Poison Study by Maria V. Synder
Poison Study by Maria V. Synder
Iron Man 3
based on characters by Stan Lee, Don Heck, Larry Lieber, and Jack Kirby
As much as I enjoyed Iron Man and Iron Man 2, I don’t really think of myself as an Iron Man fan. In the Marvel universe, I usually gravitate to Thor and X-Men. (How excited am I about the new all-lady team? SO EXCITED.) So I didn’t make plans to go see Iron Man 3 at midnight, as I usually do for big franchise films—I like not being the only one in the audience gasping, clapping, and cackling. Plus, it was during my last round of undergraduate finals. And yet, when the reviews started piling up, I tuned them out, in an subconscious attempt to remain unspoiled. Deep down, I wanted to see it. When an opportunity to see it on opening day came up, I took it.
Vessel by Sarah Beth Durst
I’d never heard of Sarah Beth Durst before Michael Ann Dobbs reviewed her latest novel, Vessel, for io9. While I do end up reading a lot of young adult fiction, I don’t especially pay attention to that market, electing instead to float around speculative fiction spaces and fellow omnivorous book bloggers online, so something like Drink Slay Love was way off my radar. But Dobbs’ review made me immediately add it to the spreadsheet—not so much because of glowing praise, but because of that premise. Somewhere in time, child Clare is throwing a tantrum and claiming that Durst stole her idea (from an awful fantasy manuscript squirreled away on a long-dead computer? Shut up, child Clare). I, as an adult and actual person, merely appreciate what Durst did with a concept I’ve always found intriguing.
Daredevil: Volume 1 by Mark Waid, Paolo Manuel Rivera, and Marcos Martin
I was about twelve when I was exposed to the film version of Daredevil. It came out in 2003, so I must have been about thirteen. We watched it because my dad has the kind of open mind when it comes to films that a director wishes ey could buy. It didn’t make too much of an impression, beyond cementing my brother’s resemblance to Ben Affleck for the family, and that’s been my major impression of Daredevil ever since. Given my previous antipathy towards Marvel, I saw no need to correct it, but something moved me to pick up this while picking over the graphic novels at the library. I’m quite glad I did.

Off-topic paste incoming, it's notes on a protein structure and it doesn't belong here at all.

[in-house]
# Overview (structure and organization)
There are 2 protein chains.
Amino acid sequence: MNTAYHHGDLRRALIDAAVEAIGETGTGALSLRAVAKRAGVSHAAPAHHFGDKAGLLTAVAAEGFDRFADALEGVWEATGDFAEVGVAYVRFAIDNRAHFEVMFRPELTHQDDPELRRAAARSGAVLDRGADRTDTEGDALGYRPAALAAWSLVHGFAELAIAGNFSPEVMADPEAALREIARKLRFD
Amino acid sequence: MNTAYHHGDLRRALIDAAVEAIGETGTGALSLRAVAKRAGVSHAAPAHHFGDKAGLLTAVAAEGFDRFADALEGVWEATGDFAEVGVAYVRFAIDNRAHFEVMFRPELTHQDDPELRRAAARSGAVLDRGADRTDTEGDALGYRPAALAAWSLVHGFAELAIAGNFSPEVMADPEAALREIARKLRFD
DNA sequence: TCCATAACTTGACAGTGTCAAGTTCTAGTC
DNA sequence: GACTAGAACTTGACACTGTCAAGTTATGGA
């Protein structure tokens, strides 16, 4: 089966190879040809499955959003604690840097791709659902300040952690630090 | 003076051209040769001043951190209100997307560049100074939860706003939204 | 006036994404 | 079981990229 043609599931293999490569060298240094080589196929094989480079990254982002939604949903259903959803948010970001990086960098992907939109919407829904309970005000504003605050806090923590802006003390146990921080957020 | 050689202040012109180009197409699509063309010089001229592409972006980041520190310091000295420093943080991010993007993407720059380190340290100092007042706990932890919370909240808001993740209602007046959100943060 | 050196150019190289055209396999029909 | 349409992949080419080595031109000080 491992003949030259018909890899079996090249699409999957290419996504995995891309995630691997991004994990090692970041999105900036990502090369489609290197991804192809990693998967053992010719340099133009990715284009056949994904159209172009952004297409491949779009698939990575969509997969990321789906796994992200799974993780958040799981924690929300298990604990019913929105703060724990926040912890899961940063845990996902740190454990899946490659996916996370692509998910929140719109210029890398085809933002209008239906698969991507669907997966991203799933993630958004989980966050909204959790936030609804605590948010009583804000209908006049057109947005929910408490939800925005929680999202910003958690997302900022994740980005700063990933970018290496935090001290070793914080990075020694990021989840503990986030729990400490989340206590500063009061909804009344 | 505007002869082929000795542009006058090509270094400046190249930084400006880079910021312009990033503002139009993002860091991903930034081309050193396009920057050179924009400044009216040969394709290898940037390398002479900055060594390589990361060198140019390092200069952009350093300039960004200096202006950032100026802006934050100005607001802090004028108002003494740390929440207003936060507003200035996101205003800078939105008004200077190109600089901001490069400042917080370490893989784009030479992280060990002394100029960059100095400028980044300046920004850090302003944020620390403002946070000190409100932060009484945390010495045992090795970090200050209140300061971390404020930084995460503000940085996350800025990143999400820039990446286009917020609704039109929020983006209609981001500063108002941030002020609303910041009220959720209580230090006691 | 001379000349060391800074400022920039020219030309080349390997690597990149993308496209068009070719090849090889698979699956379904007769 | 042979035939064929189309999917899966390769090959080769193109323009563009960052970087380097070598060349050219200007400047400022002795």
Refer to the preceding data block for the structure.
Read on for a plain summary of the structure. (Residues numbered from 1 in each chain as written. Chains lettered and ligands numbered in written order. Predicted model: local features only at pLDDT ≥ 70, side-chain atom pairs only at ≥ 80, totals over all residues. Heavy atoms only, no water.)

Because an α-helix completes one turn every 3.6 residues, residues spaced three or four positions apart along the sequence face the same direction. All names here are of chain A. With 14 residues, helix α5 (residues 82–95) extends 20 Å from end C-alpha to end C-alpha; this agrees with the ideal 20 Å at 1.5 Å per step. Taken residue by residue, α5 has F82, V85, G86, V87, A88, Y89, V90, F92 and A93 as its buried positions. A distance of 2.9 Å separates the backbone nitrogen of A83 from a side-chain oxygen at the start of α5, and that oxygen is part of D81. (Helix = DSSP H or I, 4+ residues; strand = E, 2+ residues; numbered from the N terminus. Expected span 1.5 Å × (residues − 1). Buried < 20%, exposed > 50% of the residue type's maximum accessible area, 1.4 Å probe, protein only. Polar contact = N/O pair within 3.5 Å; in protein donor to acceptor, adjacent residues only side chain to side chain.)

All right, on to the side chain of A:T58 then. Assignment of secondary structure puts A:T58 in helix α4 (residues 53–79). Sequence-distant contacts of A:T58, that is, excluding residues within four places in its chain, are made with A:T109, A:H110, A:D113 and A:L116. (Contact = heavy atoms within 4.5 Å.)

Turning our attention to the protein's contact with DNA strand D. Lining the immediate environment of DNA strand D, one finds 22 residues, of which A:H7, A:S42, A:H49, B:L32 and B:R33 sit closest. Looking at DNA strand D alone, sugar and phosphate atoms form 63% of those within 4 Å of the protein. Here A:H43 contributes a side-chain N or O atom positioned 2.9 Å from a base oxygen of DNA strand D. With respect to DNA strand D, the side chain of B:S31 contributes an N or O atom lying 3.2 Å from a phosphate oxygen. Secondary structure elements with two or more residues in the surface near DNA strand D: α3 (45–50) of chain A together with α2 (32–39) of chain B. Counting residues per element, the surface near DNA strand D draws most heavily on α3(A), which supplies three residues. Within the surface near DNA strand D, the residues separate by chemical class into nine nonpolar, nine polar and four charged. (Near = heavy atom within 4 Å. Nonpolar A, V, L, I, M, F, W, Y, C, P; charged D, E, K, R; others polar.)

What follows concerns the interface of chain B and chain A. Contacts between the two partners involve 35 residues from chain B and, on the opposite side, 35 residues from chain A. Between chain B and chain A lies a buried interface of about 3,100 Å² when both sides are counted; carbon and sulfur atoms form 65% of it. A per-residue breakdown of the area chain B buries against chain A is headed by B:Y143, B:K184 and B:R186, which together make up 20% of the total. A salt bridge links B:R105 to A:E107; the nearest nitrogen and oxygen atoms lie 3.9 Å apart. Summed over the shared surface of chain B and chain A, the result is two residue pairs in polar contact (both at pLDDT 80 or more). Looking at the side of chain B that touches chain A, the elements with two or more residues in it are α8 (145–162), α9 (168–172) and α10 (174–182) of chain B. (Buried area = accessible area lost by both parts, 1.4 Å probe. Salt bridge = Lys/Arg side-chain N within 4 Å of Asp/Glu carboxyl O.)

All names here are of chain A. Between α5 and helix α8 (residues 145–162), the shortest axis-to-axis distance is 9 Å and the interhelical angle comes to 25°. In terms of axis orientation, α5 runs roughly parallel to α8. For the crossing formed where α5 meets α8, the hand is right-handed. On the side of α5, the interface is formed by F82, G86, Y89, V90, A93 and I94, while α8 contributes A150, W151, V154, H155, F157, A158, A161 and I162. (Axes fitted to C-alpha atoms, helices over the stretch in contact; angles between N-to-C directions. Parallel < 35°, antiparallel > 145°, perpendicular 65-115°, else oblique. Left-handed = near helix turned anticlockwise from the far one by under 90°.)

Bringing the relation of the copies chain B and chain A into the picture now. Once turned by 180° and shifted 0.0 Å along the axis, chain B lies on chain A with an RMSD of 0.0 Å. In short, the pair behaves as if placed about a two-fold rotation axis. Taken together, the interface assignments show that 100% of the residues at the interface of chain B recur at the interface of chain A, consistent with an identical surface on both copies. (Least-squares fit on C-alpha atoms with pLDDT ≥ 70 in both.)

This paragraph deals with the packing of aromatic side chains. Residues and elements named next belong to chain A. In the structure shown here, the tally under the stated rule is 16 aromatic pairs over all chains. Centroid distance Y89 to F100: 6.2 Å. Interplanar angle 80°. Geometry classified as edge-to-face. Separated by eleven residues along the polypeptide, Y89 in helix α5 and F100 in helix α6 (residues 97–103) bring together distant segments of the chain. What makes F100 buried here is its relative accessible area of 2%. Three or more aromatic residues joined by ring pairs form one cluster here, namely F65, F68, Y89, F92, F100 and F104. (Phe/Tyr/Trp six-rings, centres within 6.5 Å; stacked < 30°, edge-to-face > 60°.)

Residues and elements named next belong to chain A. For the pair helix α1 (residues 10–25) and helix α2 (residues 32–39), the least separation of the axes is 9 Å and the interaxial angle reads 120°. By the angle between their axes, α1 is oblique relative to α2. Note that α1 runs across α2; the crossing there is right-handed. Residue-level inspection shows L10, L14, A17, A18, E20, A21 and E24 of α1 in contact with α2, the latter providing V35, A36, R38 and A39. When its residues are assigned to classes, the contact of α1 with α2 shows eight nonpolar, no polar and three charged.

Fire Bringer by Roger Clement-Davies
The Lord of the Flies by William Golding
Unlike almost all of my childhood reading, I read The Lord of the Flies around the same age it’s commonly assigned to American schoolchildren. But I don’t ever recall reading it for school—I came across a copy that may have belonged to my brother among my parents’ haphazard library and picked it up. I don’t know how much I absorbed, without a guiding hand, but I do know that I’ve, more or less, always said “she’s got the conch!” whenever I encounter people who interrupt. I’m starting to scrape the bottom of the barrel for audiobooks of books I read before I started the book blog, so The Lord of the Flies presented itself in pretty short order after my last listen.
Team Human by Justine Larbalestier and Sarah Rees Brennan
I remember hearing about Team Human when it came out last year on Tor.com and on io9, but it wasn’t until I saw it reviewed by Becky over at Active Voice. At first blush, it had seemed a little too on-the-nose parody of Twilight, and the cover… well, the cover sort of screams every cover design trope for young adult fiction, so it sort of hit a weird uncanny valley for me. But Becky said that it “managed to poke fun at the vampire craze (particularly Twilight) without being nasty or dismissive of the young women who love it.” That’s something that’s pretty important to me—as we’ve discussed in the past—so it finally made the leap to the reading list.
The Twilight Gods by Hayden Thorne
Gollum: How We Made Movie Magic by Andy Serkis
In 2003, my friend Natalya used to come from school and read Gollum: How We Made Movie Magic every afternoon. Or so she told me when she heartily recommended this me. From 2001 to 2004, there were plenty of film tie-in books to sate budding Ringers like ourselves, ranging from simple visual companions to gorgeous art books, such as The Art of the Lord of the Rings. (Side note: Ngila Dickson should totally write an autobiography. I’d read the living daylights out of that.) With my mixed feelings towards The Hobbit: An Unexpected Journey, I couldn’t help picking this up when I saw it at a used bookstore to revisit Middle-Earth Mark I.
All-Star Superman: Volume 1 by Grant Morrison and Frank Quitely with Jamie Grant
I am beyond unexcited for Man of Steel. I’m very particular about my Clark Kent, and what’s amazing about Clark Kent is not that he is a superpowered alien from another planet, but that he is a good man, through and through. (In fact, there’s an interesting article to be written on nature versus nurture in the cases of Superman and Captain America.) So when focus is pulled from that, I just start frowning. (Using very emotional music from The Fellowship of the Ring in a trailer did nothing for it to me.) But when All-Star Superman was recommended to me, I decided to give it a shot.